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## Publication Machine Learning

# Deep Insights Into K-nearest Neighbors

Last Updated on July 26, 2020 by Editorial Team

### Introduction

K-nearest neighbors(in short KNNs) are a robust yet straightforward supervised machine learning algorithm. Though its regression variant also exists, we’ll only discuss its classification form.

KNN is a non-parametric lazy learning algorithm. Let’s have a look at what each term means —

• Non-parametric: Unlike the parametric models, the non-parametric models are more flexible. They don’t have any preconceived notions about the number of parameters or the functional form of the hypothesis. They are thus saving us from the trouble of any wrong assumption about the data distribution. For example, in Linear Regression, which is a parametric algorithm, we already have a form of a hypothesis, and during the training phase, we look for its correct coefficient values.
• Lazy learning: Also known as instance-based learning. Here the algorithm doesn’t explicitly learn a model, rather chooses to memorize the training set so to be used during the prediction phase. This results in the fast training phase, but expensive testing phase as it requires storing and traversing the whole dataset.

#### Intuitive Approach

The basic idea behind this algorithm is — Birds of a feather flock together, i.e., similar things occur nearby, wondering why something like this even holds?
Well, try imagining a large number of data points in a D dimensional space. It’s not wrong to conclude the subspace will be densely filled, which implies two fairly close points are more likely to have the same label. Indeed there exists a tight error bound on this algorithm —

where P* is the Bayes error rate, which is the lowest possible error rate for any classifier, c is the number of classes, and P is the error rate of our algorithm. According to the above equation, if the number of points is fairly large, then the error rate of the algorithm is less than twice the Bayes error rate. Pretty cool!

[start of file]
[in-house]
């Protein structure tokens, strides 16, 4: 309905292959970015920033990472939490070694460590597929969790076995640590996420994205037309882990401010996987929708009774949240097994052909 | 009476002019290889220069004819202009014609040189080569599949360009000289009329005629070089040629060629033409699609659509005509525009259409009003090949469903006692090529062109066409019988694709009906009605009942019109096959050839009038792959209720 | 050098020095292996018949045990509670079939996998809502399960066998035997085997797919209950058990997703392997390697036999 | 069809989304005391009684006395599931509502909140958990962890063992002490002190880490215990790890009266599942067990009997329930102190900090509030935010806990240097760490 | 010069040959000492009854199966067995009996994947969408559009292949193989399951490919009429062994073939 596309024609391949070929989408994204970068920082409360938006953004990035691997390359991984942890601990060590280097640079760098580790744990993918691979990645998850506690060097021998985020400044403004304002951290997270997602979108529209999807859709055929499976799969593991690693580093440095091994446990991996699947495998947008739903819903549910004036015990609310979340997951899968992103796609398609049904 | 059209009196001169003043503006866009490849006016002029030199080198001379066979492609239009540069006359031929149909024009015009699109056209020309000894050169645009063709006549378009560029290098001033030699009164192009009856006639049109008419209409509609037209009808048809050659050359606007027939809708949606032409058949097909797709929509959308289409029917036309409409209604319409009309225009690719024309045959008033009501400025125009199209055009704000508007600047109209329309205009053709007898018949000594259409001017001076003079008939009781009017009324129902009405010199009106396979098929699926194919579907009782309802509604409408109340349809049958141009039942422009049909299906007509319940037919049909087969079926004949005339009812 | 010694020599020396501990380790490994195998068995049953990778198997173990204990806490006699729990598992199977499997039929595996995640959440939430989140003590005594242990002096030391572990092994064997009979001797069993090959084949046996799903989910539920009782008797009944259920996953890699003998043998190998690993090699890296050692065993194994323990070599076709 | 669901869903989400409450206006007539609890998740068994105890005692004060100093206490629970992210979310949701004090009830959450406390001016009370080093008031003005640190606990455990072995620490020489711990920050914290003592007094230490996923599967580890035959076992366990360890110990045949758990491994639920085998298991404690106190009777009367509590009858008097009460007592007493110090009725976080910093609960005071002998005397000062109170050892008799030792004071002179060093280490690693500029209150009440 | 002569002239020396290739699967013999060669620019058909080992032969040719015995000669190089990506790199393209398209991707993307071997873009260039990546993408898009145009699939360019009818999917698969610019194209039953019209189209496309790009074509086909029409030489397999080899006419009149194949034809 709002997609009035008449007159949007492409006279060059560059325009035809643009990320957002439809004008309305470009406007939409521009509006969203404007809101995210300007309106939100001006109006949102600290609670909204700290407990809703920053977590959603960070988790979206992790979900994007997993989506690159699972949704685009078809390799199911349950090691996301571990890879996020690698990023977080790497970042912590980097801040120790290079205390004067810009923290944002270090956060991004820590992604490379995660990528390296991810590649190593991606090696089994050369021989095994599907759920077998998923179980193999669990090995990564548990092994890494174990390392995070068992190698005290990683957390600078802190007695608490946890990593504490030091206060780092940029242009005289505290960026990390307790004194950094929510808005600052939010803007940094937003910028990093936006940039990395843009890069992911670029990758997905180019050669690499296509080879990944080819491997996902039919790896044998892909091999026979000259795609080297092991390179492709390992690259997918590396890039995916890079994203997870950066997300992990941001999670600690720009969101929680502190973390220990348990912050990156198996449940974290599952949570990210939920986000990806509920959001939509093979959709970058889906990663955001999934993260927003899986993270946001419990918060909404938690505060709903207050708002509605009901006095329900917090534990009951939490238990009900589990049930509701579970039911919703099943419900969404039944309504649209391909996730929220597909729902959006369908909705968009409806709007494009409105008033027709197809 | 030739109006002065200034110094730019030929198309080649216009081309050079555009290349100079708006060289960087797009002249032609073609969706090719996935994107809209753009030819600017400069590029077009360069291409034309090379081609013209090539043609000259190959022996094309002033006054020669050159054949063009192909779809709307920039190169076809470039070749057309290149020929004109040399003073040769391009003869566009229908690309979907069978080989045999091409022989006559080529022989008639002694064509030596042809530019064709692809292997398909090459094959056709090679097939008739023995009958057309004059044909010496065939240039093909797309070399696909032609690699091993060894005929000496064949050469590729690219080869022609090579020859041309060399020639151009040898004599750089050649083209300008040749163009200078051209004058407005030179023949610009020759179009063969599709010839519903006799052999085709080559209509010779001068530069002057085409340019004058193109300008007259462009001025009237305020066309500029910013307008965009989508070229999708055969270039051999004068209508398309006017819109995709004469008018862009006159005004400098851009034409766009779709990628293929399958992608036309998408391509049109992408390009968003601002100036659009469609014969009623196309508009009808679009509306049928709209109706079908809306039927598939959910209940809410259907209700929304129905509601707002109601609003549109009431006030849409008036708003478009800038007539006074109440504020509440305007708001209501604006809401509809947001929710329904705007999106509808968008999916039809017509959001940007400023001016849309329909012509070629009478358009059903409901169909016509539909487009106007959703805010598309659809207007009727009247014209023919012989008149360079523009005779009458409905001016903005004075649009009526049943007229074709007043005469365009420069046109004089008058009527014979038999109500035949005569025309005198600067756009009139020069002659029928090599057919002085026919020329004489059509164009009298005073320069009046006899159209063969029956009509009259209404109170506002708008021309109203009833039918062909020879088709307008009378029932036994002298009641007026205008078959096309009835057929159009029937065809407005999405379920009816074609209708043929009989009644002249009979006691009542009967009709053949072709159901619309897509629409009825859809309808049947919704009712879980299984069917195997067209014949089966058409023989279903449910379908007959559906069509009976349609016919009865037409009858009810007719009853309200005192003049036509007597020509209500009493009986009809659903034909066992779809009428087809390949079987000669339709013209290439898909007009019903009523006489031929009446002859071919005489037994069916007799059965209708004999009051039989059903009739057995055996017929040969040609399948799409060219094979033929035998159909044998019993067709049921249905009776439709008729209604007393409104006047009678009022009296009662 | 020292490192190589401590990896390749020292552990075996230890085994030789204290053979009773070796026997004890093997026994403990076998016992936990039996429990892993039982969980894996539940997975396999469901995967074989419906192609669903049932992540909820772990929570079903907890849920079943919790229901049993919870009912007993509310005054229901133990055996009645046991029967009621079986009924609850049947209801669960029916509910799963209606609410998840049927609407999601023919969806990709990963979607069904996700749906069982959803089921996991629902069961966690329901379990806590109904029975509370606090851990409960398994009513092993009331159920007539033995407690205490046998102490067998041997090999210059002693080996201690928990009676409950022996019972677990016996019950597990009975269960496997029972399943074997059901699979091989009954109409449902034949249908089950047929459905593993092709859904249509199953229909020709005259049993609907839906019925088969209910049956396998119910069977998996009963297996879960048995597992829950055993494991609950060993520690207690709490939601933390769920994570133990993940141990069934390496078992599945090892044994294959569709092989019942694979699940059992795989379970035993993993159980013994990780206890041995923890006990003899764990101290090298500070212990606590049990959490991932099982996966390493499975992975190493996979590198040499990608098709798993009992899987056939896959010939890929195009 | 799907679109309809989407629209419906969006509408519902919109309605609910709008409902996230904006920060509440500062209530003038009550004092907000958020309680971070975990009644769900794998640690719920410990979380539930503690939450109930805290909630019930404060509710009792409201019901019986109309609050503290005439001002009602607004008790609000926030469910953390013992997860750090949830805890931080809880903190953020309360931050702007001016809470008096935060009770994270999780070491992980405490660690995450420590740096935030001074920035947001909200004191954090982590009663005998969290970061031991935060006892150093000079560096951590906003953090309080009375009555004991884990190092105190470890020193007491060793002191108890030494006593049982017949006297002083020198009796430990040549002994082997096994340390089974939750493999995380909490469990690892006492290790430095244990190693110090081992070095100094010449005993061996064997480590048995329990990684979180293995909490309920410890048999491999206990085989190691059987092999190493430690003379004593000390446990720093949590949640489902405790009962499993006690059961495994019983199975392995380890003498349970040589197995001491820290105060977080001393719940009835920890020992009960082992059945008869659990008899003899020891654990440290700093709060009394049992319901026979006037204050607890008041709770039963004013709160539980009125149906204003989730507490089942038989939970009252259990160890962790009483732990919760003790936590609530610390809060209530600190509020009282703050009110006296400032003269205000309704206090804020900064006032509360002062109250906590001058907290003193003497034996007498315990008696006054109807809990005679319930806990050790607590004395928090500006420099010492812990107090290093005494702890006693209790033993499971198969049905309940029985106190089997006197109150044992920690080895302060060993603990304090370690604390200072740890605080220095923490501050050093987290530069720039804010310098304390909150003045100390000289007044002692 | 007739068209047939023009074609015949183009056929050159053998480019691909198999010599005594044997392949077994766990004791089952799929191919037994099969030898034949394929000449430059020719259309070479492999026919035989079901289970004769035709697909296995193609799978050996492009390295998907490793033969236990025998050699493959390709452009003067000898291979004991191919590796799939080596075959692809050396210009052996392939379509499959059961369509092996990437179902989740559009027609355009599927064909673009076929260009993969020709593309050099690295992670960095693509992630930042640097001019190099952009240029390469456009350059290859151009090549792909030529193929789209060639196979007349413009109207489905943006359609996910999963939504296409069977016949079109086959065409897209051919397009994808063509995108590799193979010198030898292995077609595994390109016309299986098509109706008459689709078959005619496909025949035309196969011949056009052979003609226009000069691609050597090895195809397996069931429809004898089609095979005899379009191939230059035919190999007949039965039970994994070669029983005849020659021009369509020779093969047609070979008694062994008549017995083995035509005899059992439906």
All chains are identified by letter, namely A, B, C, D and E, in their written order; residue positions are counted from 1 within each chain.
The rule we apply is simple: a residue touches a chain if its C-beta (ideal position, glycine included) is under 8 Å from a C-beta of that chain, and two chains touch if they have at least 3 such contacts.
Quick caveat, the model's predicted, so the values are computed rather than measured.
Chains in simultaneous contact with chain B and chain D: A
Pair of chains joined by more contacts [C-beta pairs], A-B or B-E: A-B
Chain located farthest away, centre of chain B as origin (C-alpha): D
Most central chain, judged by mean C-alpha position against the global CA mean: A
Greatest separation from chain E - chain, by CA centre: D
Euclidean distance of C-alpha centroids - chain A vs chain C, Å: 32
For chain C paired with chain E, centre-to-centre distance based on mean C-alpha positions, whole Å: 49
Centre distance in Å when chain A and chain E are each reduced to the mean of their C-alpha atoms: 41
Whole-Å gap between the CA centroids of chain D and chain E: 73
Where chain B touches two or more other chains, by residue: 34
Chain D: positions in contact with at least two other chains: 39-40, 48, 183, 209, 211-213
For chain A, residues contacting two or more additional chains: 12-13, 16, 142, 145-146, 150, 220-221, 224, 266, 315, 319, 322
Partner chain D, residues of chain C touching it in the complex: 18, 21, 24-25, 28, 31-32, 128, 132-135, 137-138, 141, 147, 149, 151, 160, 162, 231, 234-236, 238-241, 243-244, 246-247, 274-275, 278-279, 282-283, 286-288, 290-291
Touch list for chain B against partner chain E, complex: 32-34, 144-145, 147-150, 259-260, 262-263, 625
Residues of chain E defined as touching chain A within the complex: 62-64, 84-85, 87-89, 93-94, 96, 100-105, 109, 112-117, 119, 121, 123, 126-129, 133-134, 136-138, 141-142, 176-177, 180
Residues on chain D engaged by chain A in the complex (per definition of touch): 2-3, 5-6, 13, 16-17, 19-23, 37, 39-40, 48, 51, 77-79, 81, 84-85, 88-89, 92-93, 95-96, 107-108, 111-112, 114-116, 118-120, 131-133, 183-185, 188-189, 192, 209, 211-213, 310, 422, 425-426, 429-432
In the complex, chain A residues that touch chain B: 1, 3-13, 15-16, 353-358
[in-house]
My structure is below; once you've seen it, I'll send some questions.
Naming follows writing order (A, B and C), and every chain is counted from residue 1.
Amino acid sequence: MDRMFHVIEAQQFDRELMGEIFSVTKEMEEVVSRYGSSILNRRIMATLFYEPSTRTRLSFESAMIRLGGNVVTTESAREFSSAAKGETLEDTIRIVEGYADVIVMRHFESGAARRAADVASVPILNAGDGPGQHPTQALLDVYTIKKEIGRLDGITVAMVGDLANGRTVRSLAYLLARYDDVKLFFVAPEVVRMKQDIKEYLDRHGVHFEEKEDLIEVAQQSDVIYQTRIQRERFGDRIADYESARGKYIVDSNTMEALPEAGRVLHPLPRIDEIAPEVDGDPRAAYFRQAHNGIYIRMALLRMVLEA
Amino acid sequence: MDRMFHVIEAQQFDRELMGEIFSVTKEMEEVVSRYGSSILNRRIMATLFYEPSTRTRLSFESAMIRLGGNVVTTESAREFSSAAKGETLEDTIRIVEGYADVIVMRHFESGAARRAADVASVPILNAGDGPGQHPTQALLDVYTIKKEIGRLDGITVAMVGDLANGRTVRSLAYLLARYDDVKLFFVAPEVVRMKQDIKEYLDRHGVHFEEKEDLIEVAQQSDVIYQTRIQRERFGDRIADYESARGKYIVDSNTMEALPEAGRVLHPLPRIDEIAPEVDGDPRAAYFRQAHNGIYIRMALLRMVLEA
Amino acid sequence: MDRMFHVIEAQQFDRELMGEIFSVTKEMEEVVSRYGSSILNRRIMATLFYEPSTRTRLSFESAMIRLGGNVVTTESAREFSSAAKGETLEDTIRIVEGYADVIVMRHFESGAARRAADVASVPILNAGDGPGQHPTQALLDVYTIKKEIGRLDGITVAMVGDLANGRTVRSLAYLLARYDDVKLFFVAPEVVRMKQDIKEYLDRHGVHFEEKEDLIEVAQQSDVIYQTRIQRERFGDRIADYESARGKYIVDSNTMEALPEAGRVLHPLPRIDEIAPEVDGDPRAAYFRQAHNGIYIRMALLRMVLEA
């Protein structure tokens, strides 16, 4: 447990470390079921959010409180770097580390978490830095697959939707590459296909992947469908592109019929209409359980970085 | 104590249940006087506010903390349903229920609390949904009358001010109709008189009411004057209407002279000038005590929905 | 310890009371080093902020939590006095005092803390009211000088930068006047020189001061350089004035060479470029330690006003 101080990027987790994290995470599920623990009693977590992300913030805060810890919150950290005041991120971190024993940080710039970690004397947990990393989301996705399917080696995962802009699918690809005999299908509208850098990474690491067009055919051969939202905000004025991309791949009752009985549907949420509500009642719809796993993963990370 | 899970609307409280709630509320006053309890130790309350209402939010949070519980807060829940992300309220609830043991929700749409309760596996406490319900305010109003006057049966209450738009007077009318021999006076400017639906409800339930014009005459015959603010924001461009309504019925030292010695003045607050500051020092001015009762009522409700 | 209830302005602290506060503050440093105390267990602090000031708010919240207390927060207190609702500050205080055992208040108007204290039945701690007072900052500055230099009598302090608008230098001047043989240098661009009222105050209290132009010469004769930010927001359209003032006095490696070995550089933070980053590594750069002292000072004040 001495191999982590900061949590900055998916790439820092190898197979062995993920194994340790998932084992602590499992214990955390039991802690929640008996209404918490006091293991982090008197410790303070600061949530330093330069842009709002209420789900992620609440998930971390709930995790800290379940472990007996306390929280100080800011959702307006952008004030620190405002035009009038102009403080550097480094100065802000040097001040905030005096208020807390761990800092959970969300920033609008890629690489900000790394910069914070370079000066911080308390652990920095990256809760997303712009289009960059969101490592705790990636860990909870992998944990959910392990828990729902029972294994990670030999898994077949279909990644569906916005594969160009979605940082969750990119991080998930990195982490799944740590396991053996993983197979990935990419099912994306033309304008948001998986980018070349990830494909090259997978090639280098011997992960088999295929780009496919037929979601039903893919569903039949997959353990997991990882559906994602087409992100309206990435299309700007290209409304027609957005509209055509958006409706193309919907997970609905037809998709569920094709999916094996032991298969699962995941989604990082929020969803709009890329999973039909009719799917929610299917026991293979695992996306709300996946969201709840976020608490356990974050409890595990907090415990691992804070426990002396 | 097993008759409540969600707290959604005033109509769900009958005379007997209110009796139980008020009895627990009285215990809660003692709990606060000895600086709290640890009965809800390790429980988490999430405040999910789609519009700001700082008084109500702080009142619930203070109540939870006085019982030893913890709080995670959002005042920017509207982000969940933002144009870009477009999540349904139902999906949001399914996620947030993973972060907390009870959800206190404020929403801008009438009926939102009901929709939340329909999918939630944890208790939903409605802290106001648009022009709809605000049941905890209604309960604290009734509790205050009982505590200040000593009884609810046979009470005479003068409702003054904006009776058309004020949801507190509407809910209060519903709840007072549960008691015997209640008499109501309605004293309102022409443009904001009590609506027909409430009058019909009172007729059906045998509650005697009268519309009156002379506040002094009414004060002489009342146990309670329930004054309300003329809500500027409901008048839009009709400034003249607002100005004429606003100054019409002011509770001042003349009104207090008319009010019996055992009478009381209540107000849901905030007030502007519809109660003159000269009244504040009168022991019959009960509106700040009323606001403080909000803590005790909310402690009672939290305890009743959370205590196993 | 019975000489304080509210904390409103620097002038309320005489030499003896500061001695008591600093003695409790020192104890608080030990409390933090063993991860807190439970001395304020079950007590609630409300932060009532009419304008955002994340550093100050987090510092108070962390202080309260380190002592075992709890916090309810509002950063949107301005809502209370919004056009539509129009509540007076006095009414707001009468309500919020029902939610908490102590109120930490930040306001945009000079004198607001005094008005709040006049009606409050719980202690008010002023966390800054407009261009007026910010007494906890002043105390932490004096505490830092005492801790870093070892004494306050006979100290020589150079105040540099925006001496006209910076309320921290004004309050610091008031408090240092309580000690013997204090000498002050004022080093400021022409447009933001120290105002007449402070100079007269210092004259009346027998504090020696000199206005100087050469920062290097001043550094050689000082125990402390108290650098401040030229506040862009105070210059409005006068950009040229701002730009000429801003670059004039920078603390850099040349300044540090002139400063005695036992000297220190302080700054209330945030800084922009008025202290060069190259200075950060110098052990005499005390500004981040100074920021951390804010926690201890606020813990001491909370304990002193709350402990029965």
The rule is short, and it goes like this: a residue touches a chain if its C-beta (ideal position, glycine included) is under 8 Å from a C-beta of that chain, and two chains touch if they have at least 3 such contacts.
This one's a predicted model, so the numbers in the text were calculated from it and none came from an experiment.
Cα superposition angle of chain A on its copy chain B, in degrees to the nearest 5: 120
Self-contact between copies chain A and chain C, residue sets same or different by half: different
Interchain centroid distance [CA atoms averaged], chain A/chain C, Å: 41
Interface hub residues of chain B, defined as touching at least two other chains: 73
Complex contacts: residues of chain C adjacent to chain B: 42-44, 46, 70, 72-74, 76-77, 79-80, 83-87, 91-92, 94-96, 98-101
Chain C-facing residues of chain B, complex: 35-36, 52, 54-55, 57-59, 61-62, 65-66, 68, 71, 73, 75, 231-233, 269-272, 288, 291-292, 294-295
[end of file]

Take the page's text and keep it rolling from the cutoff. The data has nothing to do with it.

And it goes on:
Don’t get me wrong. By a large number of data points, I don’t mean a large number of features. Rather the algorithm is particularly susceptible to the curse of dimensionality, meaning an increase in the dimension(number of features) will lead to an increase in the volume of hyperspace required to accumulate a fixed number of neighbors. And as the volume increases, the neighbors become less and less similar because the distance between them increases. Therefore the probability of points having the same label decreases. In those cases, feature selection might come handy.

### What does KNN do?

The KNN algorithm takes a test input, compares it with every single training example, and predicts the target label as the label that is most often represented in the k most similar training examples. The similarity between two data points is usually measured using Euclidian distance.

When k = 1, the target label is predicted as the label of the nearest training example.
Since we store and traverse the whole training set for every test example, the testing phase is costly in terms of both memory and time.

### What is k in kNN?

K is the hyperparameter, whose value controls the learning process. It is the number of neighbors considered for predicting testing examples’ label.

### Does the value of k affect our classifier?

Before addressing the above question, Let’s understand what we mean by overfitting and Underfitting.